In September of 2014, I found myself in a town hall meeting in Lexington, Nebraska — population 10,000. It’s a meat-packing town about three hours west of Omaha, and not what one would call a wealthy town. I was there on a campaign stop with Sen. Ben Sasse, and the people of Lexington were very concerned with one issue in particular: what to do about the 11 Central American kids the federal government had dropped off unannounced in Lexington the month prior, just before the start of school. There had been a rapid influx of unaccompanied minors crossing the border that summer, and the Obama administration just relocated many of them around the country in towns such as Lexington.
It bears repeating that these were children that needed taking care of. Whatever social services you think are needed to take care of regular migrants, this was a much bigger and more expensive issue for the town. Self-sufficiency wasn’t just a matter of finding them work — these kids had to be clothed, fed, educated, and generally looked after for years.
The townspeople were alternately irate about being put into this situation and genuinely concerned for the kids’ welfare, given the town’s limited resources. After listening to the townspeople plead for help, we got on the campaign bus and drove to the next stop. For all I know, those migrant kids are still in Lexington, and the community of Lexington is hardly unique. Hundreds, if not thousands, of American towns have had to rise to meet challenges as a result of the federal refugee resettlement.
Perhaps you can start to see why I was unimpressed with the residents of Martha’s Vineyard for harboring 50 migrants for two days before sending in the military to herd them off. And yet, because the DeSantis stunt — and there are valid objections to flinging migrants hither and yon to make a point — exposed a great deal of hypocrisy among Democrats, there is a campaign afoot to portray Martha’s Vineyard as a model of compassion for the way they treated these immigrants.
In my wildest dreams, I could not have made up CNN’s headline that was this unintentionally parodic and unflattering: “‘They enriched us.’ Migrants’ 44-hour visit leaves indelible mark on Martha’s Vineyard.”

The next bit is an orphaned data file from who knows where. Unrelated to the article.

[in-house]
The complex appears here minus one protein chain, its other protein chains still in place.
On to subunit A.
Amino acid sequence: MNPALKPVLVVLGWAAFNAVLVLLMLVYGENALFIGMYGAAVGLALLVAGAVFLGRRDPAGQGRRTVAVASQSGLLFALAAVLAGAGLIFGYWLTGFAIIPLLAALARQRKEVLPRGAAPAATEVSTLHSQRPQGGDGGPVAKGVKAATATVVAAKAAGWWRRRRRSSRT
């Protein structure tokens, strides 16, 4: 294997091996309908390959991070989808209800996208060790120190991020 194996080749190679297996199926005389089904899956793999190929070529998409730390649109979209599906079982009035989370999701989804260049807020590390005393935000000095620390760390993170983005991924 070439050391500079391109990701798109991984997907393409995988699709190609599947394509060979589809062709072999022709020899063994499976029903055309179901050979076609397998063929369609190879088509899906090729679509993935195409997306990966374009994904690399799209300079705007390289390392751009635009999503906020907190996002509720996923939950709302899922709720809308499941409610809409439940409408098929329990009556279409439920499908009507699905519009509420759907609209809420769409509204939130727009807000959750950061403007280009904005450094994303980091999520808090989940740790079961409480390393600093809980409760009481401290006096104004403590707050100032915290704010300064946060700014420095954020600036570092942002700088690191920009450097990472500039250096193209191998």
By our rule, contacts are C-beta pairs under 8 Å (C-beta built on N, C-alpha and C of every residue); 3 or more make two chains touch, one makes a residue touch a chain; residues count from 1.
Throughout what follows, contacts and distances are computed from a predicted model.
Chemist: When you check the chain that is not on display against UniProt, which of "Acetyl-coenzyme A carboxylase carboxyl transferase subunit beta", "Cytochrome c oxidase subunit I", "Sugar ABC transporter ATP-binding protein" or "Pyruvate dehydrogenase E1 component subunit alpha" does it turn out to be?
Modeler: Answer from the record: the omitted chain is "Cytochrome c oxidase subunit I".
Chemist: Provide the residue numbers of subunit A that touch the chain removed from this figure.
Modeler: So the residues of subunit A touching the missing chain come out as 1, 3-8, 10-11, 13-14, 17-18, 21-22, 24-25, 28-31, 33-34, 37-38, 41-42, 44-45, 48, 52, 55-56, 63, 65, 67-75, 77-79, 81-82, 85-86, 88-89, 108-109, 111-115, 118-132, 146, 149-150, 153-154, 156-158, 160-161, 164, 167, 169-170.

Or take this gauzy Washington Post profile of a Bolivian immigrant-turned-Martha’s Vineyard real estate agent — please. (In case you’re wondering, the average home price on the island is over $1 million, so the commissions are decent.) The woman took a day or so off to help the migrants and gather supplies for them. Which is, I confess, admirable behavior. But it’s a drop in the bucket compared to the ongoing volunteer work being done in border towns such as El Paso, Del Rio, and Yuma, which likely see 50 or more new migrants every hour. And yet, those volunteers get little flattering national press coverage, let alone something as tone deaf as this:
As the migrants said goodbye to the local volunteers who had provided them with food and shelter, many in the group cried. Watching them leave, Lima cried too.
“You just hope that they land where they’re supposed to,” she said.
Indeed, where are they “supposed” to land? It can’t possibly be on Martha’s Vineyard because, well, excuses. The island’s permanent population of 30,000 regularly accommodates 150,000 visitors a year, but it’s after Labor Day, so it’s off-season, and they can’t accommodate a fraction of the average attendance of one of the many weddings on the island. Or something. And one of the wealthiest enclaves in America supposedly doesn’t have the resources to provide the social services necessary to help.